Any renewed interest in home cooking rather than eating out is good news for kitchenware retailers. And, thanks to the growth in meal kits and online grocery shopping, more people are cooking meals at home these days.
In fact, more than half of U.S. adults claim they really enjoy cooking (53%) and more than a third consider the kitchen to be the most important room in the home (35%), according to the new “Eating Trends: Cooking & Food Shopping” report from the market research firm Packaged Facts.
These percentages are up compared to a decade ago, the report says.
The study found that most people who don’t cook at home either have a lack of time to grocery shop and meal prep or they lack confidence in their cooking skills, noting that this was especially true for Generation Z adults (ages 18-24) and to a lesser extend Millennials (ages 25-39). Retailers offering cooking classes might want to target those age groups.
According to the study, the meal kit industry is the best example of a food industry that’s making it easier for adults to start cooking more at home again. The products are marketed to emphasize several advantages to lure consumers to cook at home.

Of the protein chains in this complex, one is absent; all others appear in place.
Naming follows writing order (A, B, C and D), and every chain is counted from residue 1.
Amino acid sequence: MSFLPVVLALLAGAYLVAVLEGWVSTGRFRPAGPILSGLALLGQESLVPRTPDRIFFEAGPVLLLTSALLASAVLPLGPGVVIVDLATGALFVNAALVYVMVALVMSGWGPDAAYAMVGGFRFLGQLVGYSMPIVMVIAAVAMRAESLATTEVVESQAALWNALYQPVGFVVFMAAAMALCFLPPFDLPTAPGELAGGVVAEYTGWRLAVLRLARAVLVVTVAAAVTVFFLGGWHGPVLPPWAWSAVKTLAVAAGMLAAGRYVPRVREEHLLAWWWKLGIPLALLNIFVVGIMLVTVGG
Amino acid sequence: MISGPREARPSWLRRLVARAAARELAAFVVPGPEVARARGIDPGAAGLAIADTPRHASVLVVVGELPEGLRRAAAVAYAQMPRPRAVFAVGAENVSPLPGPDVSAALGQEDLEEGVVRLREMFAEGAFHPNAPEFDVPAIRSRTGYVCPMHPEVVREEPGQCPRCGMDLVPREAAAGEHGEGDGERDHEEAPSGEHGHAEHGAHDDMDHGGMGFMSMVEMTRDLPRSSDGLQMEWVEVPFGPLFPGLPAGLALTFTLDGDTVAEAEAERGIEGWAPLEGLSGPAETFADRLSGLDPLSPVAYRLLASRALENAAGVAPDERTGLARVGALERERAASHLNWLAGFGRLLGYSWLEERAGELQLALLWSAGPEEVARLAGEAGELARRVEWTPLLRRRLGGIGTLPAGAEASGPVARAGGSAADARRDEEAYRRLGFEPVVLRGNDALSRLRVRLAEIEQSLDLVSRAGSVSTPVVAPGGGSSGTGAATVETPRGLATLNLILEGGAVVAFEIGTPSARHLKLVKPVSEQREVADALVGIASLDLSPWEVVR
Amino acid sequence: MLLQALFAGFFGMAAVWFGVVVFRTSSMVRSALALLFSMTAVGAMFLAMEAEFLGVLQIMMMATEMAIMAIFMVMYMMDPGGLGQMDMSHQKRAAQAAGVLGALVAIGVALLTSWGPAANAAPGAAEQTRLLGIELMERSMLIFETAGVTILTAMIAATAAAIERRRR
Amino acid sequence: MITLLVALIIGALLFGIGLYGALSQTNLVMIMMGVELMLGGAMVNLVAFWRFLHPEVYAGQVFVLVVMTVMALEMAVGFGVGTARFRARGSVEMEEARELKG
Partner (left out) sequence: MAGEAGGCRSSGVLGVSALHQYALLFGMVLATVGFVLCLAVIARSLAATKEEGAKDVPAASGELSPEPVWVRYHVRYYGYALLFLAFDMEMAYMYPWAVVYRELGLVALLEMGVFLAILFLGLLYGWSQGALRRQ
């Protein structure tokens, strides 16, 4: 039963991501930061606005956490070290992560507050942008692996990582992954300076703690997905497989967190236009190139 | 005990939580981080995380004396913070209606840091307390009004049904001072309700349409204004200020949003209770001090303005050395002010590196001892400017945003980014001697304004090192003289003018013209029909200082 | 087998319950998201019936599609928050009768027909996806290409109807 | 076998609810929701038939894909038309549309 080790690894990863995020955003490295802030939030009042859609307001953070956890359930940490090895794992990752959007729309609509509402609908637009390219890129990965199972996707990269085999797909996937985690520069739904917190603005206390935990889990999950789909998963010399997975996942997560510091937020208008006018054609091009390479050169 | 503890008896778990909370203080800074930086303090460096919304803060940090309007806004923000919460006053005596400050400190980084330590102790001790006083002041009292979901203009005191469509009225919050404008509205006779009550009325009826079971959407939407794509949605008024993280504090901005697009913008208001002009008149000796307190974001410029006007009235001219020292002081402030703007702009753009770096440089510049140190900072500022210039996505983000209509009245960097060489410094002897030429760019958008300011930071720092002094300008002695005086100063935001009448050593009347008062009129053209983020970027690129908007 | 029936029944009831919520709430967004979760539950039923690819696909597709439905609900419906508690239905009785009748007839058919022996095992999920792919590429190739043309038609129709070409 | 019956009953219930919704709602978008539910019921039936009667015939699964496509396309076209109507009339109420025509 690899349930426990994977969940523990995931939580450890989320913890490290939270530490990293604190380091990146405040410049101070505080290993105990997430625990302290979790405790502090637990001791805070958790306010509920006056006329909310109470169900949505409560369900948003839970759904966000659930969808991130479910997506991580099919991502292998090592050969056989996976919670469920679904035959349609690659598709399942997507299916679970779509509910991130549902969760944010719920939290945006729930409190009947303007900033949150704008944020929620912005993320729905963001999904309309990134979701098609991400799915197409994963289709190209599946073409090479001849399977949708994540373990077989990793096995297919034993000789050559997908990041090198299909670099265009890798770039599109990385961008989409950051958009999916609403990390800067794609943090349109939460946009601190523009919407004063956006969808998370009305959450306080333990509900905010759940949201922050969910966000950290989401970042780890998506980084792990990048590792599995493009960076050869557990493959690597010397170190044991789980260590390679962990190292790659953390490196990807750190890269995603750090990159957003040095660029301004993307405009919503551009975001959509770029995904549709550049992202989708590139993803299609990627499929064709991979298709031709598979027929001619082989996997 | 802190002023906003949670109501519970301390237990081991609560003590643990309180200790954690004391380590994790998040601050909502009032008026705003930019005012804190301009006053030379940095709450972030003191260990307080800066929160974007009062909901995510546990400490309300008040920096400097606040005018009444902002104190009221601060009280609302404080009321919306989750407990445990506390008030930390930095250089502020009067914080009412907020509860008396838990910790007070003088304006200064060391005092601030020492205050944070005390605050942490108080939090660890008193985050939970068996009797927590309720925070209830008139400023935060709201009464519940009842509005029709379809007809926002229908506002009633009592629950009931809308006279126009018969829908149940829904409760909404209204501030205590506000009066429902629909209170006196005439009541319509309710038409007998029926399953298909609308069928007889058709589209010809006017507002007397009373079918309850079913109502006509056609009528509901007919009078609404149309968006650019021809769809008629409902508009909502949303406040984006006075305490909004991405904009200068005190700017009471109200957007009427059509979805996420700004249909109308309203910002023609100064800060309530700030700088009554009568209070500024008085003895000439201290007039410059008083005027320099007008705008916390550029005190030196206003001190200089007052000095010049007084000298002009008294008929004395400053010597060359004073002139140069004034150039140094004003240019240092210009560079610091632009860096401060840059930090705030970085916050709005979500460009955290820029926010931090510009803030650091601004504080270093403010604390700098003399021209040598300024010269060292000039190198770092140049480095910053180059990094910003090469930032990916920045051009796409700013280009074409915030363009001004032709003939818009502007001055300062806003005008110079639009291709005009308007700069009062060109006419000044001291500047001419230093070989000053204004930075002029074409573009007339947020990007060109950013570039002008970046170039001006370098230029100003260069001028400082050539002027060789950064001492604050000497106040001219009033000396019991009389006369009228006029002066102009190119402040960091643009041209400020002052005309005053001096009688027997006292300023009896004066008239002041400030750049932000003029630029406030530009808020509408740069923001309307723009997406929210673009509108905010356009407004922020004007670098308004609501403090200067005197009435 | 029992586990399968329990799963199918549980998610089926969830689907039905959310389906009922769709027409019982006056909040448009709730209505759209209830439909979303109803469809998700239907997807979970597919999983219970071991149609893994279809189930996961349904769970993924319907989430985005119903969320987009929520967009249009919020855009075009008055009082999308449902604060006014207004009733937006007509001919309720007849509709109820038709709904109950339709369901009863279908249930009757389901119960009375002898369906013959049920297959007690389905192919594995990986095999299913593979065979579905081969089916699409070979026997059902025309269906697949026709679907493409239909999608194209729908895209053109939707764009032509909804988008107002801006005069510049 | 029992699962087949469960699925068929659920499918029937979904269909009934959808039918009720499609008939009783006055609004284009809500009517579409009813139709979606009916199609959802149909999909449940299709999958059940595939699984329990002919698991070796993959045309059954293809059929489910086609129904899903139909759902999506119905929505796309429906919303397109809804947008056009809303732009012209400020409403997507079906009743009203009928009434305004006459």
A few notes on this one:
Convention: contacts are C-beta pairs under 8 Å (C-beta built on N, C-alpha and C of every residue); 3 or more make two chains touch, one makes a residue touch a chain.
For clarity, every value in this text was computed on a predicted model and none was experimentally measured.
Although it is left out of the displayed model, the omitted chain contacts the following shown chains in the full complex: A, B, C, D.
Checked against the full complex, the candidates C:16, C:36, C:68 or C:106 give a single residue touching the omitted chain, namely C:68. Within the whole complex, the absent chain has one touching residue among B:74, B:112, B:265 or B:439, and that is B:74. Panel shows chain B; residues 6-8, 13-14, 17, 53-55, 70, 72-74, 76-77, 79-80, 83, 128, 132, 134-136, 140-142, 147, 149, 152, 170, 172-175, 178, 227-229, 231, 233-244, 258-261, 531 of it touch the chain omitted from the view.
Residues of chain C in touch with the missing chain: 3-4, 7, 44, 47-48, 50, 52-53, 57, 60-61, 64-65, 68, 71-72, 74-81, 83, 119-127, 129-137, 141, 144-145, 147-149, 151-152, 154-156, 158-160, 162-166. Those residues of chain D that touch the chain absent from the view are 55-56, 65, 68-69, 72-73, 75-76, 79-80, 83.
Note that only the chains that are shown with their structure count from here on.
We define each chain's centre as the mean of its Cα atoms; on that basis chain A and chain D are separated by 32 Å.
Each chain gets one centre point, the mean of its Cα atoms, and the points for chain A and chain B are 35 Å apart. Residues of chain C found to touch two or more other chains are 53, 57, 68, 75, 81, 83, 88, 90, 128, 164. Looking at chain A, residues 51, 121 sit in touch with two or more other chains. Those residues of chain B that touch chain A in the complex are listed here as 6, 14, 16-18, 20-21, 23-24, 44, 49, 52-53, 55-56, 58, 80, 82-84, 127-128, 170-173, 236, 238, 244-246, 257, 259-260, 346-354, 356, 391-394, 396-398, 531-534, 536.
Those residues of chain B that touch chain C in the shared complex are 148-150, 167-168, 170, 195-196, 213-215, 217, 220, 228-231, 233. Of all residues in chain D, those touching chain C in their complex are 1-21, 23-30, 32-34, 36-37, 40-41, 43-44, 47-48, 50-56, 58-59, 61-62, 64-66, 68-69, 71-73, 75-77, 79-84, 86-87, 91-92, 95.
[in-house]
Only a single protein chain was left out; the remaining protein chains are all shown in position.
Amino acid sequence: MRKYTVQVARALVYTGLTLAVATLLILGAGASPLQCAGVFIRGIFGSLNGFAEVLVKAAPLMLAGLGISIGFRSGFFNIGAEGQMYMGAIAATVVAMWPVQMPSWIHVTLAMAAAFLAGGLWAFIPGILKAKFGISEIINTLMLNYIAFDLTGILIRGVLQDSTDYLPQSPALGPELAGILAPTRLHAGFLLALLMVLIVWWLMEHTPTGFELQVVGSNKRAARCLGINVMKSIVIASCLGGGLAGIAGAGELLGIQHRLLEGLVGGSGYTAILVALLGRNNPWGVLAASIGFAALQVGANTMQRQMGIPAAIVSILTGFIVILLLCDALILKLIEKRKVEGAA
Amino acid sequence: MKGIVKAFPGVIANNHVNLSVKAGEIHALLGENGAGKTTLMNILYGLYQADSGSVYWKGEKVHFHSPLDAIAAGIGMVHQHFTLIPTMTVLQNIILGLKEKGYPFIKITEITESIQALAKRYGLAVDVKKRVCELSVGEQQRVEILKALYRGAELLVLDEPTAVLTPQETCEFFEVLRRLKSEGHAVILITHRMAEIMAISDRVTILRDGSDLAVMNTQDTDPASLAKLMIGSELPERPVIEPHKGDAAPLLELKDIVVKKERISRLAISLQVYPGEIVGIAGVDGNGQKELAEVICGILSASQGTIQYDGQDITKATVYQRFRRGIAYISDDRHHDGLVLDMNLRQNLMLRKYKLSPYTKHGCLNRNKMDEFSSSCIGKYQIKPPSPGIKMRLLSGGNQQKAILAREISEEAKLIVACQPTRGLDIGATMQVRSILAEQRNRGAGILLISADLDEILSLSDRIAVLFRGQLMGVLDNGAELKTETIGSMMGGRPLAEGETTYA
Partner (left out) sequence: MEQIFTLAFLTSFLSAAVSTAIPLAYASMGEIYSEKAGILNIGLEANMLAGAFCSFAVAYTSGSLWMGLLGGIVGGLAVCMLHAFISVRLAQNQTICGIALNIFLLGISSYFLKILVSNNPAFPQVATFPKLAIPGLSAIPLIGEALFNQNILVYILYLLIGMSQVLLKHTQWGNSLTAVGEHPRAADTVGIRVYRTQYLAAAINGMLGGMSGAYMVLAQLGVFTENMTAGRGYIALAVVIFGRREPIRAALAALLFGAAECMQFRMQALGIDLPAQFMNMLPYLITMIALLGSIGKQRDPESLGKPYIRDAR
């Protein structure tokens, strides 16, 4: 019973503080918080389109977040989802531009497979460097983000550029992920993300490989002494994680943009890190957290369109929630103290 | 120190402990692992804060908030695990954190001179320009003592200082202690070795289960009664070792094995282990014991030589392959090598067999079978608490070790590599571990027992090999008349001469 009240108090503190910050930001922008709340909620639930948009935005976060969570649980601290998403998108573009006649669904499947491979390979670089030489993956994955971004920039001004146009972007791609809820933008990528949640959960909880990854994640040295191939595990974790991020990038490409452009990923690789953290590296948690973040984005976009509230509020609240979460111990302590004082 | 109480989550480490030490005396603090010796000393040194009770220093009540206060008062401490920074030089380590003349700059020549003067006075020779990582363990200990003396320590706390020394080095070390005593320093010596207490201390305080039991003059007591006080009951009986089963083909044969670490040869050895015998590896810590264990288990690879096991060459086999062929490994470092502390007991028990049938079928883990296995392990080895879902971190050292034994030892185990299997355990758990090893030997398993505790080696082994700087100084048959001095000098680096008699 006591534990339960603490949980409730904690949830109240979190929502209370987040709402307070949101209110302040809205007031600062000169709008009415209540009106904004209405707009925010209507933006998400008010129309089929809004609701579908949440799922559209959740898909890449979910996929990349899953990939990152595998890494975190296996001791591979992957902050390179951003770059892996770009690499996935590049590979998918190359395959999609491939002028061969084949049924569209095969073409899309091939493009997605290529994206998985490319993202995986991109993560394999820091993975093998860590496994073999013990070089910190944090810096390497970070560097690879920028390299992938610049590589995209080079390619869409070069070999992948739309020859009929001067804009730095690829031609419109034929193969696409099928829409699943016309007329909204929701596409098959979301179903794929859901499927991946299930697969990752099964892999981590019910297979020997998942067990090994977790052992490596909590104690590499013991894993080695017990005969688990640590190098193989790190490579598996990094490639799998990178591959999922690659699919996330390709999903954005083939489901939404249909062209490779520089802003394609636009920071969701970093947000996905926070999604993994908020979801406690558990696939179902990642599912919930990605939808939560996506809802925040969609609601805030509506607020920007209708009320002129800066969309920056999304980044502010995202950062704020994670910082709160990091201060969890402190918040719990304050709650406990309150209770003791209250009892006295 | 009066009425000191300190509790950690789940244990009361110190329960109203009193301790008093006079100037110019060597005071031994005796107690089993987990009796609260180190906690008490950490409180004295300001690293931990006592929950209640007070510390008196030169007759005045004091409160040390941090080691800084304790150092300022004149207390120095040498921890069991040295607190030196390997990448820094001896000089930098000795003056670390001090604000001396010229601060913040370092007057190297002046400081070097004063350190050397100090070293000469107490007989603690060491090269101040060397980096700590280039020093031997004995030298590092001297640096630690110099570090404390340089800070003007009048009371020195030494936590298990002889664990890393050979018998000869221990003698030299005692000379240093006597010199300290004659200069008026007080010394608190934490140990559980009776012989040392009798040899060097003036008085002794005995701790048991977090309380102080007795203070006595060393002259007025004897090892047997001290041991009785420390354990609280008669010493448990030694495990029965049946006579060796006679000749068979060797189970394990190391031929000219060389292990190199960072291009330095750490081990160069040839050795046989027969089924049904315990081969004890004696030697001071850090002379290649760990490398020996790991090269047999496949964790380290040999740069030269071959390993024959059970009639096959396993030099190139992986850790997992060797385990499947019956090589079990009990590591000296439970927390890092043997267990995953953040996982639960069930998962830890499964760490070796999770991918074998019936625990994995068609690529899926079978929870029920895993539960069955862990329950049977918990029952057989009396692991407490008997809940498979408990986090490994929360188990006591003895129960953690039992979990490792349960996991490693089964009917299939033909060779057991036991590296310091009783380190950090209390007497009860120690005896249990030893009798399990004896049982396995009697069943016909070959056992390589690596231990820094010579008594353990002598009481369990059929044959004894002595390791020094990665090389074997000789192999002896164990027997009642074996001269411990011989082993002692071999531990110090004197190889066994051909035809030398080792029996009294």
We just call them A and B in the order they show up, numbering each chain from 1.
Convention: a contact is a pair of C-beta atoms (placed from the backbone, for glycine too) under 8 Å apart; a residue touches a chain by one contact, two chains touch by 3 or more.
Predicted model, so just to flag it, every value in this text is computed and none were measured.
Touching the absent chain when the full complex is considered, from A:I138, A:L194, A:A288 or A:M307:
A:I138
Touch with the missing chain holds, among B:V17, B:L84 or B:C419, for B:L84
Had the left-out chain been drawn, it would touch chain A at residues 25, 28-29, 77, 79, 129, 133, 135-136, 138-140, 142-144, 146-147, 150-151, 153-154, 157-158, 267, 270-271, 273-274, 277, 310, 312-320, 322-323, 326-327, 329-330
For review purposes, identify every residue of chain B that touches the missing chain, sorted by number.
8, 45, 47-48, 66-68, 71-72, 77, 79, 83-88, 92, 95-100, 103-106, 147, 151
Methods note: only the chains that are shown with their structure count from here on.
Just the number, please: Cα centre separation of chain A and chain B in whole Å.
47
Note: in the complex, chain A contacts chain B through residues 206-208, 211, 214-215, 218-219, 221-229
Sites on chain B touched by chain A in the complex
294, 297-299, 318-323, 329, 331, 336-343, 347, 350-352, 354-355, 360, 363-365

Meal kits appeal to specific consumer segments, the study found:
- Busy consumers who don’t have time to shop for groceries or plan meals.
- High income consumers who don’t want to shop for groceries or plan meals and are willing to pay more for convenience.
- Consumers lacking cooking skills who really want to learn how to cook.
- Consumers who live alone or in a small household who don’t like wasting food and want proportions tailored to their needs.
Online grocery services like those provided by Amazon Prime Pantry, AmazonFresh, Instacart and Peapod, among others, have also proven to be time savers for aspiring home cooks.
Since 2013, online sales of groceries have more than tripled from $6 billion to $20 billion in 2018. Through 2023 online grocery sales are forecast by Packaged Facts to rise 34 percent annually, more than quadrupling from the levels in 2018 and representing 7 percent of the grocery market.
Technology wise, the report says to watch contextual commerce, which offers consumers options ranging from buy buttons to messaging bots and voice assistants to scan-and-bag apps.
With contextual commerce, consumers can make purchases anytime or anywhere using button click or just their voices, expanding retailers’ reach and allowing them to give shoppers the chance to buy products easily during their normal day-to-day activities.
And like meal kits and food commerce, it is another step toward saving home cooks some time.
Source: Eating Trends: Cooking and Food Shopping, Packaged Facts